4. 4.
    Fazekas F, Offenbacher H, Fuchs S et al (1988) Criteria for an increased specificity of MRI interpretation in elderly subjects with suspected multiple sclerosis. Neurology 38:1822–1825PubMedCrossRefGoogle Scholar
  5. 5.
    Barkhof F, Filippi M, Miller DH et al (1997) Comparison of MRI criteria at first presentation to predict conversion to clinically definite multiple sclerosis. Brain 120(Pt 11):2059–2069PubMedCrossRefGoogle Scholar
  6. 6.
    McDonald WI, Compston A, Edan G et al (2001) Recommended diagnostic criteria for multiple sclerosis: guidelines from the International Panel on the diagnosis of multiple sclerosis. Ann Neurol 50:121–127PubMedCrossRefGoogle Scholar
  7. 7.
    Polman CH, Reingold SC, Edan G et al (2005) Diagnostic criteria for multiple sclerosis: 2005 revisions to the “McDonald Criteria”. Ann Neurol 58:840–846PubMedCrossRefGoogle Scholar
  8. 8.
    Swanton JK, Rovira A, Tintore M et al (2007) MRI criteria for multiple sclerosis in patients presenting with clinically isolated syndromes: a multicentre retrospective study. Lancet Neurol 6:677–686PubMedCrossRefGoogle Scholar
  9. 9.
    Rovira A, Swanton J, Tintore M et al (2009) A single, early magnetic resonance imaging study in the diagnosis of multiple sclerosis. Arch Neurol 66:587–592PubMedCrossRefGoogle Scholar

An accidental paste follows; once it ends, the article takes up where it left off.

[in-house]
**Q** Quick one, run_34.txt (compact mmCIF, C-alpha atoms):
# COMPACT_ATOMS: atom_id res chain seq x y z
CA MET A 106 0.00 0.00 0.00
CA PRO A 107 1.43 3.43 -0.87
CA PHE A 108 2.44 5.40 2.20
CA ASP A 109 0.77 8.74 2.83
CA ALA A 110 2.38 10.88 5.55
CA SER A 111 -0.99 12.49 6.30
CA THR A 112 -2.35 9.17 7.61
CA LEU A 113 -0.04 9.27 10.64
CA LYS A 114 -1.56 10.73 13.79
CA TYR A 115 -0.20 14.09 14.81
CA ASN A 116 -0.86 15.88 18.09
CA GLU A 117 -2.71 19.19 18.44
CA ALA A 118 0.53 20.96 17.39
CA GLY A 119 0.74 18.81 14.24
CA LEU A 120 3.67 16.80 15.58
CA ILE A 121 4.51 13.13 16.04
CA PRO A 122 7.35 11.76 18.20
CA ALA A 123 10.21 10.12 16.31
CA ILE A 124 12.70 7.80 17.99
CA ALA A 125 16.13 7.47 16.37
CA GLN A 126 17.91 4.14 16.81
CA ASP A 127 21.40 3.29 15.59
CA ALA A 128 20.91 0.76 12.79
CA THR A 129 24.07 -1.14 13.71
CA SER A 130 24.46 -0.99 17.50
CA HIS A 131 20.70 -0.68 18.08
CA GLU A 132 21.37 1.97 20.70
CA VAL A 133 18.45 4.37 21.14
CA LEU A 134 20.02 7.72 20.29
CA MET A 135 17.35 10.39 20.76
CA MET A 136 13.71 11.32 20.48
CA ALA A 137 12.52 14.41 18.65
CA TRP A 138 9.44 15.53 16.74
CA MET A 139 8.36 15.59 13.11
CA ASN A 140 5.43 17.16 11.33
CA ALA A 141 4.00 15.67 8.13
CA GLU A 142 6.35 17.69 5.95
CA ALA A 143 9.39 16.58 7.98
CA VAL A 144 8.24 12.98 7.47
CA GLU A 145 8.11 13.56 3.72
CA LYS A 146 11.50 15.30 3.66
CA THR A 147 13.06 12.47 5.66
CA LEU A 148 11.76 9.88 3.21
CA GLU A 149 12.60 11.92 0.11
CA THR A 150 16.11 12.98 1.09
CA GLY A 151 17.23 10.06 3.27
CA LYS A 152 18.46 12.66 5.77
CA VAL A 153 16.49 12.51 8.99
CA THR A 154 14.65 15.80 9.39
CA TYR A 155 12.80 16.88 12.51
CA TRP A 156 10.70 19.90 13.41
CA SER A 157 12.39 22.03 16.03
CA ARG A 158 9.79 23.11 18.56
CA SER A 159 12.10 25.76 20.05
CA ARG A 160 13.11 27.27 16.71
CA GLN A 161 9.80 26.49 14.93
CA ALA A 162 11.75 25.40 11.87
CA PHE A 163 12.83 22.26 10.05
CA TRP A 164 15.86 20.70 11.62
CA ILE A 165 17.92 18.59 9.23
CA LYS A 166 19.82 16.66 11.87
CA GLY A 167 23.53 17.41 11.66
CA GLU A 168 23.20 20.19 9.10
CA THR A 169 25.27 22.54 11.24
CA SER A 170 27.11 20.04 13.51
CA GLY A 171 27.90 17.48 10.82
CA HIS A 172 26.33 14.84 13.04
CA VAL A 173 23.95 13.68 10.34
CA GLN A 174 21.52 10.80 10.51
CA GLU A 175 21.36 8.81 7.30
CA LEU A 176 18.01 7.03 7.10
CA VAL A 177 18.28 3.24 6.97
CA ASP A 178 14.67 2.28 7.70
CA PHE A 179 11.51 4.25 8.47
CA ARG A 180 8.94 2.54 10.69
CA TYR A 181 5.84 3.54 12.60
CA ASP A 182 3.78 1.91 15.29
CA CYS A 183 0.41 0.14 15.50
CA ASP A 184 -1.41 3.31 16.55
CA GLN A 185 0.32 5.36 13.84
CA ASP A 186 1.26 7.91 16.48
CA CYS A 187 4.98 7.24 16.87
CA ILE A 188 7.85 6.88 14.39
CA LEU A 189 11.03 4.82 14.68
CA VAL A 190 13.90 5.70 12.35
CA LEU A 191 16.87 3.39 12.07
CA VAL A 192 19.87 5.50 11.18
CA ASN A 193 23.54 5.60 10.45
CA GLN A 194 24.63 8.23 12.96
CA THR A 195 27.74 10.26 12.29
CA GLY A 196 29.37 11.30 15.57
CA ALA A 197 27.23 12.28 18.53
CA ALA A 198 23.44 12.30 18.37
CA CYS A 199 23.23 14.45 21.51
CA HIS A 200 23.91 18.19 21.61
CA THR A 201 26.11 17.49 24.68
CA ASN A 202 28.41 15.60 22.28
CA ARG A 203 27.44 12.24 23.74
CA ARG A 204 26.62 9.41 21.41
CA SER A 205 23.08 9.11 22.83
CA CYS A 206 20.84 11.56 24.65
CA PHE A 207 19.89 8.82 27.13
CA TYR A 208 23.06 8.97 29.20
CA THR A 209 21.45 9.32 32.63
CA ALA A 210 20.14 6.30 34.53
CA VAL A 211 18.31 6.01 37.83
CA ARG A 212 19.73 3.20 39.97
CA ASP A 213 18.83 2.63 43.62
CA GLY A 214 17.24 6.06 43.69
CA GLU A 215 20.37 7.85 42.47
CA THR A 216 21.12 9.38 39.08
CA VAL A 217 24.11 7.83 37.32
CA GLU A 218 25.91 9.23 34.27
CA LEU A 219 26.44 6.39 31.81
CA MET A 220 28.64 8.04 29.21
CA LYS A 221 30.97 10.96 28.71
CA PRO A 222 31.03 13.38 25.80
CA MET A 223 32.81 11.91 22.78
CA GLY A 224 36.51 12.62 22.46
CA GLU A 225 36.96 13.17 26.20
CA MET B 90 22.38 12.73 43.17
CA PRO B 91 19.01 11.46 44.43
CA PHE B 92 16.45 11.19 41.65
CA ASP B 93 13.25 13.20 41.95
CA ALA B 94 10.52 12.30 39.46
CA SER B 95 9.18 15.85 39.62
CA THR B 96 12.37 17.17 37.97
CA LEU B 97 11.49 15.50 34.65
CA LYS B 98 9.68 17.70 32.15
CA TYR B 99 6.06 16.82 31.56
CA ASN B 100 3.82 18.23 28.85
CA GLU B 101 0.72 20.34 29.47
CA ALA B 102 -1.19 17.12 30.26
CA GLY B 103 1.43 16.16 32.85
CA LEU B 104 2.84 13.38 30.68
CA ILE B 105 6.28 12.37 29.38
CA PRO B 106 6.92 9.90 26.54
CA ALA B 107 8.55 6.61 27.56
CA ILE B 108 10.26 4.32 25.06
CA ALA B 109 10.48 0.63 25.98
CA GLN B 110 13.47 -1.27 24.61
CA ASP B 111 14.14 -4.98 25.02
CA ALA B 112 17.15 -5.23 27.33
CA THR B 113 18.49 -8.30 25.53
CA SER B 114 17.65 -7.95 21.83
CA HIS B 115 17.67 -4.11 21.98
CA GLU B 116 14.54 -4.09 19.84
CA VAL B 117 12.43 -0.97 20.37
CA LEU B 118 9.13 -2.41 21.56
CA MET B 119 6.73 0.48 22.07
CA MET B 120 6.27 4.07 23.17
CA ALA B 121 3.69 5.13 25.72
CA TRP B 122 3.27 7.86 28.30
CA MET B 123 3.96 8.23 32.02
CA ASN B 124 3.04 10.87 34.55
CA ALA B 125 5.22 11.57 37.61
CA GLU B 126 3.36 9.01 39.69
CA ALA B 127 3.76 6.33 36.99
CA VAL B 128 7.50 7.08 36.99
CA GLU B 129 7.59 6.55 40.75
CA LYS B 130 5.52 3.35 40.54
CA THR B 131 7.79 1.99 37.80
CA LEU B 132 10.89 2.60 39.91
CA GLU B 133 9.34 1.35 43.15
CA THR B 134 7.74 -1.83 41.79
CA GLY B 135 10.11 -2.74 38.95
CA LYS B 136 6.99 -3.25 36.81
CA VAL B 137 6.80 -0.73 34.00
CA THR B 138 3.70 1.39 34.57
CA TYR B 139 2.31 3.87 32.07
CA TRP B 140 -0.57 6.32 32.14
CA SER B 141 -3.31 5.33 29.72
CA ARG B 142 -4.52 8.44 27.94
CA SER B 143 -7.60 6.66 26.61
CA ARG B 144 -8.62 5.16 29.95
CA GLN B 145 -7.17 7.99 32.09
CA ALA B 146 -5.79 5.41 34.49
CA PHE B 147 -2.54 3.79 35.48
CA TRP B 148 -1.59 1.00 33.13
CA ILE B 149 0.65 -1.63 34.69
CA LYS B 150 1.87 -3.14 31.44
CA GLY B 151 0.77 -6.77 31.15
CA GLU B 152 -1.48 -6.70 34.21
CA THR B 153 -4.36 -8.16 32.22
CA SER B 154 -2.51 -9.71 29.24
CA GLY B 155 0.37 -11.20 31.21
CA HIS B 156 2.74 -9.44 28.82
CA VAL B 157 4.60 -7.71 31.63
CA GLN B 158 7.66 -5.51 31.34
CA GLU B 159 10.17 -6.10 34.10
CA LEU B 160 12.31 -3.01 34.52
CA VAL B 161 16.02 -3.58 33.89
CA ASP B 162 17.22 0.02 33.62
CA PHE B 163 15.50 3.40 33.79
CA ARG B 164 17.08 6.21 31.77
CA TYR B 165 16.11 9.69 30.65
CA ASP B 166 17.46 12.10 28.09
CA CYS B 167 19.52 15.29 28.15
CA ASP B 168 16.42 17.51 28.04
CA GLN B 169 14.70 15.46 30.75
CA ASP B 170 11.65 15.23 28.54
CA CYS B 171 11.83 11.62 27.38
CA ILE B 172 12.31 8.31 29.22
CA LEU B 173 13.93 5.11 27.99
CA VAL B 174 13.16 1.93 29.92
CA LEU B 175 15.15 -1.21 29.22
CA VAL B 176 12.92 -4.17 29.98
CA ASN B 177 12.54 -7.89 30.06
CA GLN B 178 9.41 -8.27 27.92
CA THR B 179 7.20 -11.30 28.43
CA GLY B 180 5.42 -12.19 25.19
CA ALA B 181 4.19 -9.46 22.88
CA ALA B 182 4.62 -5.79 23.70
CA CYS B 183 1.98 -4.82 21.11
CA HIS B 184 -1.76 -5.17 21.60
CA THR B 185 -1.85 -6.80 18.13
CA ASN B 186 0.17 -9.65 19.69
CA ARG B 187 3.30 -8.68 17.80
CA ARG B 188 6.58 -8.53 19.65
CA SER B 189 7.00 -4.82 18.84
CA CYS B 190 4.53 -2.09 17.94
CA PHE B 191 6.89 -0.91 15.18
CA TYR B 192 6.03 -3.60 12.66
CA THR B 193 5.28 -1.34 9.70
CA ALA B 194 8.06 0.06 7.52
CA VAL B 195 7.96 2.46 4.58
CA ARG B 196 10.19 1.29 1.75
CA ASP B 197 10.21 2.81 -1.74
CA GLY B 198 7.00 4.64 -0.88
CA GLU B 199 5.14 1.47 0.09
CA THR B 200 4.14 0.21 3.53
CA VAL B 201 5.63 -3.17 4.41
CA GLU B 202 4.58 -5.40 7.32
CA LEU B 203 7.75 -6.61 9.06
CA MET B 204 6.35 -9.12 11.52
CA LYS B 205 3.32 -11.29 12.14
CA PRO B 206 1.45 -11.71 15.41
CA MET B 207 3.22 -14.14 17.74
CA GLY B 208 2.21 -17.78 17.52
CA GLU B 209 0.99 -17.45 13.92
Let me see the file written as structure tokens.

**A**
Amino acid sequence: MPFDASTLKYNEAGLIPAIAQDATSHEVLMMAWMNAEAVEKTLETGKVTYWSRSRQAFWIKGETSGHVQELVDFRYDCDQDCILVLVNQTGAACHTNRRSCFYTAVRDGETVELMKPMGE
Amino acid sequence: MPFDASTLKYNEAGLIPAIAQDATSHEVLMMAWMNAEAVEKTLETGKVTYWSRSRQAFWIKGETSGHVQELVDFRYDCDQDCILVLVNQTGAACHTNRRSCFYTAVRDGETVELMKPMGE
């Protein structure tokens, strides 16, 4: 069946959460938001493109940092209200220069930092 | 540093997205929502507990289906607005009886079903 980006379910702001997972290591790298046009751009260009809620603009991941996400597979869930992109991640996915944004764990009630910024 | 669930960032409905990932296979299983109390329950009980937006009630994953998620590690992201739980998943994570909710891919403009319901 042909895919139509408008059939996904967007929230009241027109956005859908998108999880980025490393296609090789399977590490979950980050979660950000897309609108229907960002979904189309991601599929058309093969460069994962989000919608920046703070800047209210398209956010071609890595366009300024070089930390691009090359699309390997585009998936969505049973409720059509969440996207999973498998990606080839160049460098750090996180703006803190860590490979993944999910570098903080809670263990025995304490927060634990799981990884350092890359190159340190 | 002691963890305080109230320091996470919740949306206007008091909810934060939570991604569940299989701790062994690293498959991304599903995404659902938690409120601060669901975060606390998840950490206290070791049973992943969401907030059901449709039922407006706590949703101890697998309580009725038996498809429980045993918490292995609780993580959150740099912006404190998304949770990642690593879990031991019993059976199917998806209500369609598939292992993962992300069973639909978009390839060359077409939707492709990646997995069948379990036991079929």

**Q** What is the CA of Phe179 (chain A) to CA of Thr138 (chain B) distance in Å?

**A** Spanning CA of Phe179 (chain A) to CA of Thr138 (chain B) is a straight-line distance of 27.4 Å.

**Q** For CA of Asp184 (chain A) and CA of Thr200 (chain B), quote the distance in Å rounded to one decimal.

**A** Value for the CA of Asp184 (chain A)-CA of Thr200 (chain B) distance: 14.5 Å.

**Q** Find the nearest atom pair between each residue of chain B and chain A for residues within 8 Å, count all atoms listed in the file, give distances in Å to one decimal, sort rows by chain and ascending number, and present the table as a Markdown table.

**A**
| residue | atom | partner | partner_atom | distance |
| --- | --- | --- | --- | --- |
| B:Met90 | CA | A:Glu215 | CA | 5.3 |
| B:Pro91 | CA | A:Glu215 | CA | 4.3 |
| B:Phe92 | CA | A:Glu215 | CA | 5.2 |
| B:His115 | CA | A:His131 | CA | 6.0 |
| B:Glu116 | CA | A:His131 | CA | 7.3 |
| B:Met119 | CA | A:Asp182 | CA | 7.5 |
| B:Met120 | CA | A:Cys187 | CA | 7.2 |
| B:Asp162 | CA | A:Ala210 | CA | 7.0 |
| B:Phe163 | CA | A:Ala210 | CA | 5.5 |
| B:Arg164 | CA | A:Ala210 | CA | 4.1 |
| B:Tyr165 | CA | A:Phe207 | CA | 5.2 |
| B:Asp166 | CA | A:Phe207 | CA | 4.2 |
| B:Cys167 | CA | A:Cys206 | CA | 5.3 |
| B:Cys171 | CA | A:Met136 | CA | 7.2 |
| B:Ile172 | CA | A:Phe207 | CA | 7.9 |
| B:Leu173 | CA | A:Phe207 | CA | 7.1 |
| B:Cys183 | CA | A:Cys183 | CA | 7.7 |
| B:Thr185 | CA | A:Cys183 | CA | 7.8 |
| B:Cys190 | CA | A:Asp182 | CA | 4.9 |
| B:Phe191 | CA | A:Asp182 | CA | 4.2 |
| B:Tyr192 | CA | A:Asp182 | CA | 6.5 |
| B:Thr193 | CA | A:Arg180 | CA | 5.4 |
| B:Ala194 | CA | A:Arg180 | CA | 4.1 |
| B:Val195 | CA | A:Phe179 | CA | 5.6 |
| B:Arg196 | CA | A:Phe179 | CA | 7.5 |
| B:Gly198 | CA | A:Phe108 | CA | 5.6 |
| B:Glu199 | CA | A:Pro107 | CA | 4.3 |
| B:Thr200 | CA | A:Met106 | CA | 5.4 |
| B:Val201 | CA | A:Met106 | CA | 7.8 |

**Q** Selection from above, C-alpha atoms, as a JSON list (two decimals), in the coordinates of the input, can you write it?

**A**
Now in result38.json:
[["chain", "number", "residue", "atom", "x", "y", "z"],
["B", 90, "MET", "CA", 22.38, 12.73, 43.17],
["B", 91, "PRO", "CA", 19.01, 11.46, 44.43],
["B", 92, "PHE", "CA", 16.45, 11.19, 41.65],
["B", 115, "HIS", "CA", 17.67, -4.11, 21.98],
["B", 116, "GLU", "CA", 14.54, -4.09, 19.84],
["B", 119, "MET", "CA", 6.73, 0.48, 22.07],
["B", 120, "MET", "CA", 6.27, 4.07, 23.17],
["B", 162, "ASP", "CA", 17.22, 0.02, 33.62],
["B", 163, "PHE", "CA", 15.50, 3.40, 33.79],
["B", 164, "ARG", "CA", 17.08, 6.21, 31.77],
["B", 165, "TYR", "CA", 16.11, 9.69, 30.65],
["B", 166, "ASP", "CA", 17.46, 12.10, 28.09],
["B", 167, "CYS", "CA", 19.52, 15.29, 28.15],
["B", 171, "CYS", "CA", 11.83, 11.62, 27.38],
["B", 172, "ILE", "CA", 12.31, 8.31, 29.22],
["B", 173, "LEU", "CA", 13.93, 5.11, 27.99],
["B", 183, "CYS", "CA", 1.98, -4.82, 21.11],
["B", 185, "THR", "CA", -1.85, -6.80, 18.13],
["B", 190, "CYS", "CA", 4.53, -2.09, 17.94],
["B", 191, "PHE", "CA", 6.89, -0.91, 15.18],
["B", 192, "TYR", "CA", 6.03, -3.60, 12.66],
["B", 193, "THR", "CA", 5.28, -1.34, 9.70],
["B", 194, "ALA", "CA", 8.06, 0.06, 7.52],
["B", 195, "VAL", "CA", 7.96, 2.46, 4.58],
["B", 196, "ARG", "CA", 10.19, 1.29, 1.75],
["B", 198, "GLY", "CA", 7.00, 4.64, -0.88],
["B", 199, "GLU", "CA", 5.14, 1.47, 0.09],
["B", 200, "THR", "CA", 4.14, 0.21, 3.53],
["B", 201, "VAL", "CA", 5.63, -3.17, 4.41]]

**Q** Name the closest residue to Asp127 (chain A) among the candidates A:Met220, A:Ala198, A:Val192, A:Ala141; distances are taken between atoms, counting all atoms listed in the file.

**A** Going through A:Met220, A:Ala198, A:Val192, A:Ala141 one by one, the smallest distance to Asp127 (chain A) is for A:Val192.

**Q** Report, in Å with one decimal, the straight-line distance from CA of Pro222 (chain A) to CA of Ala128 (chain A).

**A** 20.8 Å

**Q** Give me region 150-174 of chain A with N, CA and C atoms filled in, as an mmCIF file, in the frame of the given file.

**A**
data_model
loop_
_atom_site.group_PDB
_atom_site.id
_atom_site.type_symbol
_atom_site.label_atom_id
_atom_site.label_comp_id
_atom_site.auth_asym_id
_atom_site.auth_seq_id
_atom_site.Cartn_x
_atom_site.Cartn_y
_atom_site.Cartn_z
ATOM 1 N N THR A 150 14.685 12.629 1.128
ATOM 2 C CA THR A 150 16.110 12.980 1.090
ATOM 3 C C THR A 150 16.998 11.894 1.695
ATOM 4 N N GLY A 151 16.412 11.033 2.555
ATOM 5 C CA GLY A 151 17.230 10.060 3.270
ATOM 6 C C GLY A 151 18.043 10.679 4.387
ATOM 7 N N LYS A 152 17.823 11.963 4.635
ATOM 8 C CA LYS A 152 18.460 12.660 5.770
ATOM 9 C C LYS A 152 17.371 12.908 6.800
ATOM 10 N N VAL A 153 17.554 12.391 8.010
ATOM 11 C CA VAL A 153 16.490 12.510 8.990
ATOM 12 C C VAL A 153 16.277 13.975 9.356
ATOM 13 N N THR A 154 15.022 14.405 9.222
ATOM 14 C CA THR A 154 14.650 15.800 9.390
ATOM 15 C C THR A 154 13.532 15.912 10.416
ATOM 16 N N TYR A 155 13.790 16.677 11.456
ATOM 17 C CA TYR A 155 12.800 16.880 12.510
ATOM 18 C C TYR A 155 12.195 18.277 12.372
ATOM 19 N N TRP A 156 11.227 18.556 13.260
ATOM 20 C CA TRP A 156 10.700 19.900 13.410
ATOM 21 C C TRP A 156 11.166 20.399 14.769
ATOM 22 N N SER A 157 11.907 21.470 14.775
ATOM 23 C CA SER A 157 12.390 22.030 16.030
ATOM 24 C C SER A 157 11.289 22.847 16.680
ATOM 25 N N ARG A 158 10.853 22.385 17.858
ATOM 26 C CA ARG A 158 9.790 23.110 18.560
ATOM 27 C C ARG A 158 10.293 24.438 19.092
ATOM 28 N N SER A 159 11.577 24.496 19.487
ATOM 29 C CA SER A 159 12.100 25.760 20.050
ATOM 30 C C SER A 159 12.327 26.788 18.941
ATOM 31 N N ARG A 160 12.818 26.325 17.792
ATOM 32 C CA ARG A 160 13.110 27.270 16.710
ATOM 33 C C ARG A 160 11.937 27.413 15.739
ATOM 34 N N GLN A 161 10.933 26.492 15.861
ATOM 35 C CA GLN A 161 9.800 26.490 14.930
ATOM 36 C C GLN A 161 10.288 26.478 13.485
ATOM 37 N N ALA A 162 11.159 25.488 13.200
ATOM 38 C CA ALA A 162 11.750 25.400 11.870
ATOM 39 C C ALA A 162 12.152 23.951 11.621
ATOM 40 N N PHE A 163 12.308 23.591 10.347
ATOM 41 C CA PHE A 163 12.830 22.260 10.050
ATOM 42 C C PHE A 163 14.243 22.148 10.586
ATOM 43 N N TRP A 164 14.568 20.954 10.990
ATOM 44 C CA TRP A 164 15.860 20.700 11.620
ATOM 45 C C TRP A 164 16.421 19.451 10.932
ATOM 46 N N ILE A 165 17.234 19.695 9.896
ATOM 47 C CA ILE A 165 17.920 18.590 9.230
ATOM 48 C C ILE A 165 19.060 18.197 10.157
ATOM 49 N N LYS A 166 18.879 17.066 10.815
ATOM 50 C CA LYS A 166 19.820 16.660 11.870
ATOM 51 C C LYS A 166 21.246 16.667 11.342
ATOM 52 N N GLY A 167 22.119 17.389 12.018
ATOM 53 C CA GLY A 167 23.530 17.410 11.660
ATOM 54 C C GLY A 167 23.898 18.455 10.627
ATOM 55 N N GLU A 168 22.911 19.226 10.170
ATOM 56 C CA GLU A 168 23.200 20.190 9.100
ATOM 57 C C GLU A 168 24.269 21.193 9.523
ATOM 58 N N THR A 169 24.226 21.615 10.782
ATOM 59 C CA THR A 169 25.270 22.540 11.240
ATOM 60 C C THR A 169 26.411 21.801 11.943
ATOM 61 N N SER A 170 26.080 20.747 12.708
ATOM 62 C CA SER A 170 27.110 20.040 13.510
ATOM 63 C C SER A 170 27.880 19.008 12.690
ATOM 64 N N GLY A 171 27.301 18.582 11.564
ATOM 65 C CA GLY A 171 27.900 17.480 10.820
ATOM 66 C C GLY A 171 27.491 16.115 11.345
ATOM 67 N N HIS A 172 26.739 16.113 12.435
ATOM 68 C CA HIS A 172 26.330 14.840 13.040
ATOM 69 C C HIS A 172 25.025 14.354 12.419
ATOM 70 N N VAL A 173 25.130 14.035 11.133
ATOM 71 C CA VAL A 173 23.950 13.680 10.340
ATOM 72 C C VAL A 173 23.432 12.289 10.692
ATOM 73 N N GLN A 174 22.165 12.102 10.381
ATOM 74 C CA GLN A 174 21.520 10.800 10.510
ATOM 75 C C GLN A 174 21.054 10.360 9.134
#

10. 10.
    Montalban X, Tintore M, Swanton J et al (2010) MRI criteria for MS in patients with clinically isolated syndromes. Neurology 74:427–434PubMedCrossRefGoogle Scholar
  11. 11.
    Geurts JJ, Pouwels PJ, Uitdehaag BM (2005) Intracortical lesions in multiple sclerosis: improved detection with 3D double inversion-recovery MR imaging. Radiology 236:254–260PubMedCrossRefGoogle Scholar
  12. 12.
    Filippi M, Rocca MA, Calabrese M et al (2010) Intracortical lesions: relevance for new diagnostic criteria for multiple sclerosis. Neurology 75:1988–1994PubMedCrossRefGoogle Scholar
  13. 13.
    Polman CH, Reingold SC, Banwell B et al (2011) Diagnostic criteria for multiple sclerosis: 2010 Revisions to the McDonald criteria. Ann Neurol 69:292–302PubMedCrossRefGoogle Scholar
  14. 14.
    Rio J, Castillo J, Rovira A et al (2009) Measures in the first year of therapy predict the response to interferon beta in MS. Mult Scler 15:848–853PubMedCrossRefGoogle Scholar
  15. 15.
    Rio J, Comabella M, Montalban X (2009) Predicting responders to therapies for multiple sclerosis. Nat Rev Neurol 5:553–560PubMedCrossRefGoogle Scholar
  16. 16.
    Filippi M, Rocca MA, Arnold DL et al (2006) EFNS guidelines on the use of neuroimaging in the management of multiple sclerosis. Eur J Neurol 13:313–325PubMedCrossRefGoogle Scholar

Copyright information

© Springer-Verlag Italia 2012

Authors and Affiliations

  • M. A. Rocca
    • 1
    • 2
  • N. Anzalone
    • 3
  • A. Falini
    • 3
  • M. Filippi
    • 1
    • 2
  1. 1.Neuroimaging Research Unit, Institute of Experimental Neurology, Division of Neuroscience, San Raffaele Scientific InstituteVita-Salute San Raffaele UniversityMilanItaly
  2. 2.Department of Neurology, San Raffaele Scientific InstituteVita-Salute San Raffaele UniversityMilanItaly
  3. 3.Neuroradiology Unit, San Raffaele Scientific InstituteVita-Salute San Raffaele UniversityMilanItaly

Personalised recommendations